For flavor, nutrition, and satisfation, growing your own foods can’t be beat. It is not too late to get started on growing something for a fall harvest.

The Power of Pickles

I took a vacation last week and it wasn’t a travel vacation or even a staycation. It was a preservation vacation, as in I spend quite a bit of my time harvesting and preserving food from our garden. I freeze foods and dehydrate them, but some of my favorites are the foods I pickle. I make a couple of varieties of cucumber pickles as well as pickled okra and a style of pickled jalapeno known as Jalapenos En Escabeche  that includes carrots and onions. My next project is to try this pickled tomatillo recipe.



When I was child I loved pickles. I even asked for a gallon jar of pickles for my birthday one year. I used to think pickles were an unhealthy indulgence. Now I use pickles to increase my diversity of vegetables throughout the year. Other than watching that we don’t get too much salt or sugar, pickled vegetables are a healthy treat that can help stimulate our digestion. I always make sure I use real apple cider vinegar to get the benefits from it.

In additions to the basics like dill, celery, and mustard seeds, other spices that make occasional appearances in my pickles are allspice, caraway, cloves, cumin, coriander, fennel, peppercorns, and turmeric, as well as garlic and chiles. Many of these spices are also good for the digestion, by either stimulating digestion or easing indigestion. I never put alum in my pickles since it is an aluminum product, but my pickles are always crisp. I credit this to the freshness of the produce I use (from my own garden) and soaking my cucumbers in ice water for a few hours before I pack them into the jars.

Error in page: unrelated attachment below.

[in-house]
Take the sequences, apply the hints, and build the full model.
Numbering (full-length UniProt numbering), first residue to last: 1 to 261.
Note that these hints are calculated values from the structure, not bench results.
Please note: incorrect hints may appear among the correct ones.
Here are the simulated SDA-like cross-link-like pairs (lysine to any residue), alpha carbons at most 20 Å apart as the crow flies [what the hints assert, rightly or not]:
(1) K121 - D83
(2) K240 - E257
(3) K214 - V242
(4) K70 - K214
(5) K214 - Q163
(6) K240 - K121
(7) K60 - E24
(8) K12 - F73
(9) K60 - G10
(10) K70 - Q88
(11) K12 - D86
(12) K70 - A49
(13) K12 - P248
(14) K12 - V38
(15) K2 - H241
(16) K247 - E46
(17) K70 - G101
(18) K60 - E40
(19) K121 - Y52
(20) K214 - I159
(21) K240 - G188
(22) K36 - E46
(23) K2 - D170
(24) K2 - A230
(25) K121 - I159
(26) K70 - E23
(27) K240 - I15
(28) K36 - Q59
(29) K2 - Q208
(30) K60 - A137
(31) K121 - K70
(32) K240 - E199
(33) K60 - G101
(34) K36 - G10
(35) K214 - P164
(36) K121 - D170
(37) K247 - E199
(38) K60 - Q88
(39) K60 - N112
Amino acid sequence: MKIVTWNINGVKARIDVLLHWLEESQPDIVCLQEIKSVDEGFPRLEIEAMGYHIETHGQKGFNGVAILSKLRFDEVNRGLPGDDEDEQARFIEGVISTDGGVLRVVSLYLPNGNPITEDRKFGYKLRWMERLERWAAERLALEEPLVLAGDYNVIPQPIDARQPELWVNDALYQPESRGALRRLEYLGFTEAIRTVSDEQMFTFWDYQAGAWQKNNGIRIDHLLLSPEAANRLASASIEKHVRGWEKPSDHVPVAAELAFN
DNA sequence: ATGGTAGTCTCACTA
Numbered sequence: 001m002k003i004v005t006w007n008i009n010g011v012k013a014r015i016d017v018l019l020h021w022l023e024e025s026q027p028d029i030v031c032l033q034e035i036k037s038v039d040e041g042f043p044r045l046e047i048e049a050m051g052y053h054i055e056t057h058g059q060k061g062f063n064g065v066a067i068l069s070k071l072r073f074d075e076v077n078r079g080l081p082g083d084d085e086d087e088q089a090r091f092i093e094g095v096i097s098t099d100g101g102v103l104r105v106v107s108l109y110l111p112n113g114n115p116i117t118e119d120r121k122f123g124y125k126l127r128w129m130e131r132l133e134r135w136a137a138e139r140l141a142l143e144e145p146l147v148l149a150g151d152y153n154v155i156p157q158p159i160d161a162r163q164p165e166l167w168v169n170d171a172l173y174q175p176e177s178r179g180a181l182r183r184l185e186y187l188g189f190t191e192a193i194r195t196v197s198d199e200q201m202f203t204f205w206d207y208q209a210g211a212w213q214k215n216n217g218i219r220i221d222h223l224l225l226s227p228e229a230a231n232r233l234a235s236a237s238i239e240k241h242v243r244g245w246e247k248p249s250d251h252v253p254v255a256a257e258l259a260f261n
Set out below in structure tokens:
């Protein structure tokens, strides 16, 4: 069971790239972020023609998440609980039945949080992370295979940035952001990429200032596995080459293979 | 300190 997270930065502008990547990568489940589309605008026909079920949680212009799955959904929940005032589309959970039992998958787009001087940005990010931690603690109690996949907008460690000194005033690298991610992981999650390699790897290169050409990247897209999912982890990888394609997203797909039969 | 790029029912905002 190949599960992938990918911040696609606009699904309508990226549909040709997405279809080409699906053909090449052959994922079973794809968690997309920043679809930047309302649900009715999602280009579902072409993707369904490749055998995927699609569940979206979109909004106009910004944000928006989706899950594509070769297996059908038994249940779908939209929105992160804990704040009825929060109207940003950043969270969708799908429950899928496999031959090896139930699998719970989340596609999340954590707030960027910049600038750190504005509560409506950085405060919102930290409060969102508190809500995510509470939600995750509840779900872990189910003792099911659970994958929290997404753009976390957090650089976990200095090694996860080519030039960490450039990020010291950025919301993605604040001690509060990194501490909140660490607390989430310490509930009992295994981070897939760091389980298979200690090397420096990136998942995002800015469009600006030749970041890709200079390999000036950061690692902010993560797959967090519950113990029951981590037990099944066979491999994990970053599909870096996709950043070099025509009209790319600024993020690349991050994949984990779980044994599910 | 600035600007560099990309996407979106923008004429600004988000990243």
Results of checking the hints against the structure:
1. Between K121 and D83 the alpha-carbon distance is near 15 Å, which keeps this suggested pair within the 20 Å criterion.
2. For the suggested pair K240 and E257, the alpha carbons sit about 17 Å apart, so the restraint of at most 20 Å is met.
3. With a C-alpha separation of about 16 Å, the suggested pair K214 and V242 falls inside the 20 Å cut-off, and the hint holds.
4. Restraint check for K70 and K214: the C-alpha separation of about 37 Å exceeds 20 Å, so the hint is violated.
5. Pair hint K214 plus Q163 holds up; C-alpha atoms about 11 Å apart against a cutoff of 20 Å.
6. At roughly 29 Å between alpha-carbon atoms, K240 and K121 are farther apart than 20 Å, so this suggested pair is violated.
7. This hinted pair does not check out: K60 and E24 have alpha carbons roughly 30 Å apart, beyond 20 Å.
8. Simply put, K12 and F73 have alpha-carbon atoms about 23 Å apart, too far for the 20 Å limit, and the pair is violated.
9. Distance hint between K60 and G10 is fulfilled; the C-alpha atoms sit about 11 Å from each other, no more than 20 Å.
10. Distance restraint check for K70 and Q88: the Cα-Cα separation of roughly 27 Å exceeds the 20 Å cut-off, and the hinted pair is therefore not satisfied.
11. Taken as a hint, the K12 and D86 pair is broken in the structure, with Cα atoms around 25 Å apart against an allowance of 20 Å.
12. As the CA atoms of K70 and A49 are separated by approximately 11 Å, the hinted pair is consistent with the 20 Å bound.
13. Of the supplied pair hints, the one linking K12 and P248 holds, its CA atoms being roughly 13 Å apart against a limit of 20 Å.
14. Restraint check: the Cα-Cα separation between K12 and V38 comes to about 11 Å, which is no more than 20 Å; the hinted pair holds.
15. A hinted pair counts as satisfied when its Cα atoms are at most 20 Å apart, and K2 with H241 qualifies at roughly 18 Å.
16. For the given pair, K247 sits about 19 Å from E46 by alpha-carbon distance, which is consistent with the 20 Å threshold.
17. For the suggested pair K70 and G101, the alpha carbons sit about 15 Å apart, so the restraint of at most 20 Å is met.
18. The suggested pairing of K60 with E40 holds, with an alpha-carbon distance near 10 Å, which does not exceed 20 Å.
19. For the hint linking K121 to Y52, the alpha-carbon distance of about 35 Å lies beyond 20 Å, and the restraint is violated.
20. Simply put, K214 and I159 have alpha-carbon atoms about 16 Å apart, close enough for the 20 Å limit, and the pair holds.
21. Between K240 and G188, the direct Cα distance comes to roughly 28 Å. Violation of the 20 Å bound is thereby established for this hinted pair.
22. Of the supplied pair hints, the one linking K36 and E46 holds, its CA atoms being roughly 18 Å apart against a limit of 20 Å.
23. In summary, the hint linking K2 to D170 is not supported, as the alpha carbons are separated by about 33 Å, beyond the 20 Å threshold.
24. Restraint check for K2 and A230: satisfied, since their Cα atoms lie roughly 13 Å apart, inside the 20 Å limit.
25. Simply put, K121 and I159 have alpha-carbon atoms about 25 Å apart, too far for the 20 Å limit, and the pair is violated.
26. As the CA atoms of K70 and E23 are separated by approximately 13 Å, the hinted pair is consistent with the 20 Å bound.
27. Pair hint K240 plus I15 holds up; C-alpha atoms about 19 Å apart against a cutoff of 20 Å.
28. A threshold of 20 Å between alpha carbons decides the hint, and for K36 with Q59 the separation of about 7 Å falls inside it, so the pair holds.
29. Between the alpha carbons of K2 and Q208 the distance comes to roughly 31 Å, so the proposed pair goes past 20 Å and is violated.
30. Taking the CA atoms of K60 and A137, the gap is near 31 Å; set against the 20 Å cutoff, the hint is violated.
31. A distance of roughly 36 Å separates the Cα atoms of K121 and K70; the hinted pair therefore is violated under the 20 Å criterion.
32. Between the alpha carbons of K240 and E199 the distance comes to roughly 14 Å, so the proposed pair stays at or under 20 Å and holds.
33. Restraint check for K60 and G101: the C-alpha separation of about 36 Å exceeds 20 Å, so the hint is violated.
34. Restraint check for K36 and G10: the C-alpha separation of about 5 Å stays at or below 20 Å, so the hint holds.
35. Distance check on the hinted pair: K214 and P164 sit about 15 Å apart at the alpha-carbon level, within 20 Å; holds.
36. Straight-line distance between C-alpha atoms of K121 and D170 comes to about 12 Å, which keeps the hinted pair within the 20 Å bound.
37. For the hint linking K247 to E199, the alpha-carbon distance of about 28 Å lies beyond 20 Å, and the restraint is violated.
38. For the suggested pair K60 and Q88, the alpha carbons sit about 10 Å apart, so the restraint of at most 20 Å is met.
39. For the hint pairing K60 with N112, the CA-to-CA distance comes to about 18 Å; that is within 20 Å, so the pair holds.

Another option for preserving food is fermentation. If you want recipes of how to make your own fermented vegetables, get a copy of Nourishing Traditions by Sally Fallon or the Art of Fermentation by Sandor Katz. I made a version of the sauerkraut from Sally Fallon’s cookbook, and it was the most awesome sauerkraut I have ever had.

Taking the extra effort to preserve foods in the middle of summer’s bounty will ensure the satisfaction of a well-filled pantry throughout the year.

Here is a picture of my bountiful cucumber plants, which are doing much better this year with the additional rain we have gotten in the Ozarks.


Cooking Like a Farm Wife

Recently my husband asked me why I hadn’t made a certain dish in a while. My answer was that I was trying to cook like a farm wife by focusing on the ingredients from our farm, whereas the dish he wanted featured spinach, which I don’t have great luck growing. My husband and I run a small organic farm, Downstream Farm Organic Produce, about 8 miles west of Fayetteville on Clear Creek. We mostly grow food for ourselves and sell the extra produce to friends, restaurants, and Ozark Natural Foods.  We raise chickens and grow vegetables like okra, tomatoes, tomatillos, bell peppers, and too many others to name.

Oyster Mushrooms, Wood Ears, Coral Fungus, and Boletes. FYI, I didn't eat all of these mushroom varietes

Oyster Mushrooms, Wood Ears, Coral Fungus, and Boletes. FYI, I didn’t eat all of these mushroom varieties.

Recently, my husband found a bounty of wild mushrooms, including oyster mushrooms and wood ear mushrooms, so I made a special dish to feature them. My venison and wild mushroom stew also included our venison, radish greens, fresh herbs, and tomatoes. Not all ingredients have to be from the farm. For instance, this farm wife happened to have some red wine around. The carrots and potatoes were also from the store since we had run out of our own a few months ago.